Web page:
St Wilfrid


Kinoulton appears in the Domesday Book as ‘Chineltune’ though there is no mention of a church.

A charter, dating to between the 10th and 11th centuries, describes a grant of land from two Nottinghamshire villages, ‘Hikelinge et . . . Kinildeton,’ to Ramsey Abbey.

In the reign of Henry II, Pagan de Vilers granted in frankalmoigne to the Church of St Peter of York and to Roger, Archbishop of York and his successors to the ‘use and entertainment of the Archbishop the church of St Wilfride of Kineldestone, with a garden and four oxgangs of land appertaining, the toft and 12 acres of land’.

The church of St Wilfrid may have been built by Roger, Archbishop of York some time during the 12th century. It was built on a hill a mile from the present village of Kinoulton and close to the Fosse Way. The church was dedicated to St Wilfrid an English bishop and then saint who lived c.634 – 709 A.D. In 1914 there were 10 churches dedicated to St Wilfrid in Nottingham and 40 in the north of England. 

In 1289 the Archbishop of York in a letter to the Master of Scholars in Nottingham and the Vicar of the Church of Kynewaldstone informed them that the Clerks of the Parish may keep a school.

The Taxation Roll of Pope Nicholas IV in 1291 makes no mention of Kinoulton or St Wilfrid’s.

On 18 April 1326 William de Melton, Archbishop of York, gave or sent order to the bailiffs of Beverly and Southwell to give two strong but not expensive colts, nine three-year old colts and timber to Thomas Whiteheade at Kinoulton. The colts were to plough the church fields and the timber was for repairs to the chancel.

Henry VIII’s Valor Ecclesiasticus valued St Wilfrid at £7 18s 11d yearly. Henry Kynfesmythe was named as vicar.  

17th and 18th century sources describe the church as being ruinous.

Thoroton says of the church, ‘whither the Parishioners do seldom resort,’ which suggests that by 1677 the church was already in decline, or that the church’s location, a mile outside the village, was undesirable to the parishioners. Either way, location was another motivation for abandoning the building.

The 1743 report for Archbishop Herring’s Visitation lists the parish as having 32 families, one of which was Presbyterian. It also included an account of how the then vicar, John Hardy, converted a Quaker man of 60 who had been swayed to Quakerism in his apprenticeship.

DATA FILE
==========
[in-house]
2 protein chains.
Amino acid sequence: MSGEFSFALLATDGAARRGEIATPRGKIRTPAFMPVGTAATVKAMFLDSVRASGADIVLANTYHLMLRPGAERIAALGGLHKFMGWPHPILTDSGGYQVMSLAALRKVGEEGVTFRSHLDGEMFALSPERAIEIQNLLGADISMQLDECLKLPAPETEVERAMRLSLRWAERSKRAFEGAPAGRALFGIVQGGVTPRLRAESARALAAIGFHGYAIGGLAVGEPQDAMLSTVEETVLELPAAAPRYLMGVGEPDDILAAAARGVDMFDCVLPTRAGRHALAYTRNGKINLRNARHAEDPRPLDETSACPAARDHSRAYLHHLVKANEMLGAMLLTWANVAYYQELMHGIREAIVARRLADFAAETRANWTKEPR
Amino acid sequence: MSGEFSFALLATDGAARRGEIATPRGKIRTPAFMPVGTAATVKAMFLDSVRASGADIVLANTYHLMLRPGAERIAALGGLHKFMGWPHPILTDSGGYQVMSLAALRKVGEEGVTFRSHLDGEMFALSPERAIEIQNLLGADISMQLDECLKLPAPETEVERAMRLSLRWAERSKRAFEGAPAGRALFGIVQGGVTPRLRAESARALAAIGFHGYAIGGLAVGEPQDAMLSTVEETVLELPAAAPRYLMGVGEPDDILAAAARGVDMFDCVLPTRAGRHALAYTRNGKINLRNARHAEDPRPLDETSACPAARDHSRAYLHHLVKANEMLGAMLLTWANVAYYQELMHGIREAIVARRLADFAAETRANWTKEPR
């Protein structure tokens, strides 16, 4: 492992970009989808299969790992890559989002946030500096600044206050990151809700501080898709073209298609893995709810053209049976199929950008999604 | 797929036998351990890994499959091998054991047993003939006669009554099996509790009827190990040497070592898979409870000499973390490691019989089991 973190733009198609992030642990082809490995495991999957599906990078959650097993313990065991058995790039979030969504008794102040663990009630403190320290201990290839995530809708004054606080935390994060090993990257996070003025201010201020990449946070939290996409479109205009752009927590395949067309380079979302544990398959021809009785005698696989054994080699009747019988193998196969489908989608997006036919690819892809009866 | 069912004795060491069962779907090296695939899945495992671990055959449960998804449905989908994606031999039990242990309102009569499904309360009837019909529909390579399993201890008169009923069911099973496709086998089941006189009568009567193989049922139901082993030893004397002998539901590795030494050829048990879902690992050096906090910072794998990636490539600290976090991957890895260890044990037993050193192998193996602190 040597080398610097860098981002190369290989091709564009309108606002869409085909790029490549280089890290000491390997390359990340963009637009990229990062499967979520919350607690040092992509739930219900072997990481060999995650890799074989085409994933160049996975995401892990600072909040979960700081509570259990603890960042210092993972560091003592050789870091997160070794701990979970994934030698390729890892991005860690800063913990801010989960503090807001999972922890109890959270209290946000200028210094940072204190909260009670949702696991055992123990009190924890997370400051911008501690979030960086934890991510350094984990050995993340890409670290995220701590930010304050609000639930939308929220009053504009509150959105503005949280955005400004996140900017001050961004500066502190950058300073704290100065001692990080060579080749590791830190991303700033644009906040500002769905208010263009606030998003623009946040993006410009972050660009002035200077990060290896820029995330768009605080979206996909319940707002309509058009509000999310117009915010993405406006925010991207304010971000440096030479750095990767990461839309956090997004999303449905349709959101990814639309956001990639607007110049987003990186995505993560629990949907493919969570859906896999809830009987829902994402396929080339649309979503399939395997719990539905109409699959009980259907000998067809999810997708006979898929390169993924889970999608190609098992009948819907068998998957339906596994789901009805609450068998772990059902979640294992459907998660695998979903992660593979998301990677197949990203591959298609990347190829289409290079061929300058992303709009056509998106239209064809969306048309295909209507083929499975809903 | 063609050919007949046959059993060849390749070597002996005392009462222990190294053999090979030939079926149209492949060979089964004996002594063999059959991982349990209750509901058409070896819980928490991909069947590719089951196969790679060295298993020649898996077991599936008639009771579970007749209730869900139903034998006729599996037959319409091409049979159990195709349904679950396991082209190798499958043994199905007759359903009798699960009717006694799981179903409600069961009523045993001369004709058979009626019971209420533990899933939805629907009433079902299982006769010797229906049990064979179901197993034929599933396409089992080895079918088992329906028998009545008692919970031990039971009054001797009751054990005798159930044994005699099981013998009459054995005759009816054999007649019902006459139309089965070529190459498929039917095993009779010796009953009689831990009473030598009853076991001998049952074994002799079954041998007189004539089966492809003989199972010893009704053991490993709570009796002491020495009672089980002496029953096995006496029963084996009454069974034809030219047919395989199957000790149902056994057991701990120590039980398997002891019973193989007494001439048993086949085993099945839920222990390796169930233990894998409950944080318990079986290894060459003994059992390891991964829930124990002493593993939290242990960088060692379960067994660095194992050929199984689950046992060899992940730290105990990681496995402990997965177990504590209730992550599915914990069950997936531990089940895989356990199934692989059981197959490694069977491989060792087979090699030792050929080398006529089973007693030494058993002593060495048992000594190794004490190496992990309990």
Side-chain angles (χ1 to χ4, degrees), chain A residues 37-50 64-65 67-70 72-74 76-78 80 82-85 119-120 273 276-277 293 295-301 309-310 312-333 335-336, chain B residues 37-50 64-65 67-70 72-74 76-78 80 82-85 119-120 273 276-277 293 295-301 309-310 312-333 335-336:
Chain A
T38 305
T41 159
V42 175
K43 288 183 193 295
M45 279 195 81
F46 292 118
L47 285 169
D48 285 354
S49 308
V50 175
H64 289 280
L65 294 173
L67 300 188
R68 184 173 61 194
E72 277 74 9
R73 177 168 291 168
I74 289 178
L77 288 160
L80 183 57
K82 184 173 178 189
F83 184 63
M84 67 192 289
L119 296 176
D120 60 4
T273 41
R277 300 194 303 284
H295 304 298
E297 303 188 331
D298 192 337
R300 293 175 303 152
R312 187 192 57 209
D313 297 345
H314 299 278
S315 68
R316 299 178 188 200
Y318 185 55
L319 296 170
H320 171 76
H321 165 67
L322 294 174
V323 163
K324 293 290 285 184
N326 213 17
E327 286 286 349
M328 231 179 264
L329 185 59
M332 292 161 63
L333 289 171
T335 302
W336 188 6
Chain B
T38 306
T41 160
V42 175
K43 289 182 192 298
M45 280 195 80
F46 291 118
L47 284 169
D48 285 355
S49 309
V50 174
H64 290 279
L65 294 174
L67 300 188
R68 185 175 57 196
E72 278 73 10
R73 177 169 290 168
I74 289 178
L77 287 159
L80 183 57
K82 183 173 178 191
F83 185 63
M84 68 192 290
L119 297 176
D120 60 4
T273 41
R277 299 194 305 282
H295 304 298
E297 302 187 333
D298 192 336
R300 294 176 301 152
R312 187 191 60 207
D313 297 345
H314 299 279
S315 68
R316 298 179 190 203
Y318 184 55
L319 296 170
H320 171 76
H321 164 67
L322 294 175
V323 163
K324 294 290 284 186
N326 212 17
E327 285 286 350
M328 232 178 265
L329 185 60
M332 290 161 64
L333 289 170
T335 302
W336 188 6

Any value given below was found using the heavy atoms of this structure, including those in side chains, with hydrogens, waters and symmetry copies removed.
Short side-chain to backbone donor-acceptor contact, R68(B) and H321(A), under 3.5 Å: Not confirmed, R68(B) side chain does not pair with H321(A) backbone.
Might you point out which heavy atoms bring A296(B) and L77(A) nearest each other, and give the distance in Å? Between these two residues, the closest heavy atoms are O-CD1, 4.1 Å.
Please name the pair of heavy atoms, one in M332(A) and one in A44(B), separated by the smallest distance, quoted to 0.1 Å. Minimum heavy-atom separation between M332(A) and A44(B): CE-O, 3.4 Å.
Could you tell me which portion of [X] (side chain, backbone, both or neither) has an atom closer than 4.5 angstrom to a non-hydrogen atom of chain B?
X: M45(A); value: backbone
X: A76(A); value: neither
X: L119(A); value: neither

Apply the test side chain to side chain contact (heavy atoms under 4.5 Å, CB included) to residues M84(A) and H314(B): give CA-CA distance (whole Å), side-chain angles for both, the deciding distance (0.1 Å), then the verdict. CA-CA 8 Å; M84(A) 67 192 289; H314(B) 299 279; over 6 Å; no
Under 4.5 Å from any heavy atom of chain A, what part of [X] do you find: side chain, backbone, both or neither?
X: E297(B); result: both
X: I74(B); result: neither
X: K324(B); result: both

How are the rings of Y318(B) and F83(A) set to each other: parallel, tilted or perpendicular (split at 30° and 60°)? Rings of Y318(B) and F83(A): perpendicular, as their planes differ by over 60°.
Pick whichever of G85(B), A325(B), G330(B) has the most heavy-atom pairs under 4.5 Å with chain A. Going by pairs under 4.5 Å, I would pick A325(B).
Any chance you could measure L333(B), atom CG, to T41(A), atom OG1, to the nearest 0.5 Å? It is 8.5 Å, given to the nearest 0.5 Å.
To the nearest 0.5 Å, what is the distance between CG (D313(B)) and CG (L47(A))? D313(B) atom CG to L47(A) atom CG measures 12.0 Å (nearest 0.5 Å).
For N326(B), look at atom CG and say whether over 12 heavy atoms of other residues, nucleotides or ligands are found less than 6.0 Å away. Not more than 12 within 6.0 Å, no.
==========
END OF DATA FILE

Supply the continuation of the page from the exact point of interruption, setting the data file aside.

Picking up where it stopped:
At the time of Archbishop Drummond’s visitation in 1764 Richard Hardy, the vicar, noted that there were 39 families in the village, and that ‘one man and his wife call themselves Methodists. A widow and her daughter are Presbyterians’. He also recorded the state of the church:

The church is half a mile from the village, and a chapel has been long since erected near the middle of the place for the convenience of the parishioners who keep it in repair. The chapel has no separate endowment. The parish church is very ancient and was in ruins when I came to the parish first; but I persuaded Mr Noel (who leases the Great Tithes) to repair the chancel, and afterwards brought the inhabitants to allow me a sum of money with which I was enabled to glaze the windows, white-wash the walls and repair the seats and floor. I discovered a most beautiful font whilst I attended the workmen, which was covered almost all over with hair and lime with design probably to preserve it from the depredations of fanatics. The Blessed Virgin, with the Holy Infant on her knee, forms one division in relief, and Our Saviour upon his Cross, another. This was probably a present from one of the 4 Archbishops of York, who resided sometimes at their palace here; no trace of which remains except the moat.

Despite Hardy’s efforts the church could not be saved. St Wilfrid’s had been abandoned by 1780 as being unsuitable for use as a church. At this time the parishioners were conducting worship in barn-like buildings on land that was never consecrated or in a near-by chapel. Sources provide conflicting information about which chapel they worshipped at; some refer to a chapel in Newbold and others to a chapel within the village of Kinoulton. It is likely that there was a small chapel in Kinoulton, described by Thorsby as “wretched” in the 1790s, and then another chapel in the medieval village of Newbold which was to the north-east of Kinoulton.

There was a small chapel annexed to the parish by Walter Grey, the Archbishop of York, during Henry III’s reign, but again, it is not clear to which chapel this refers.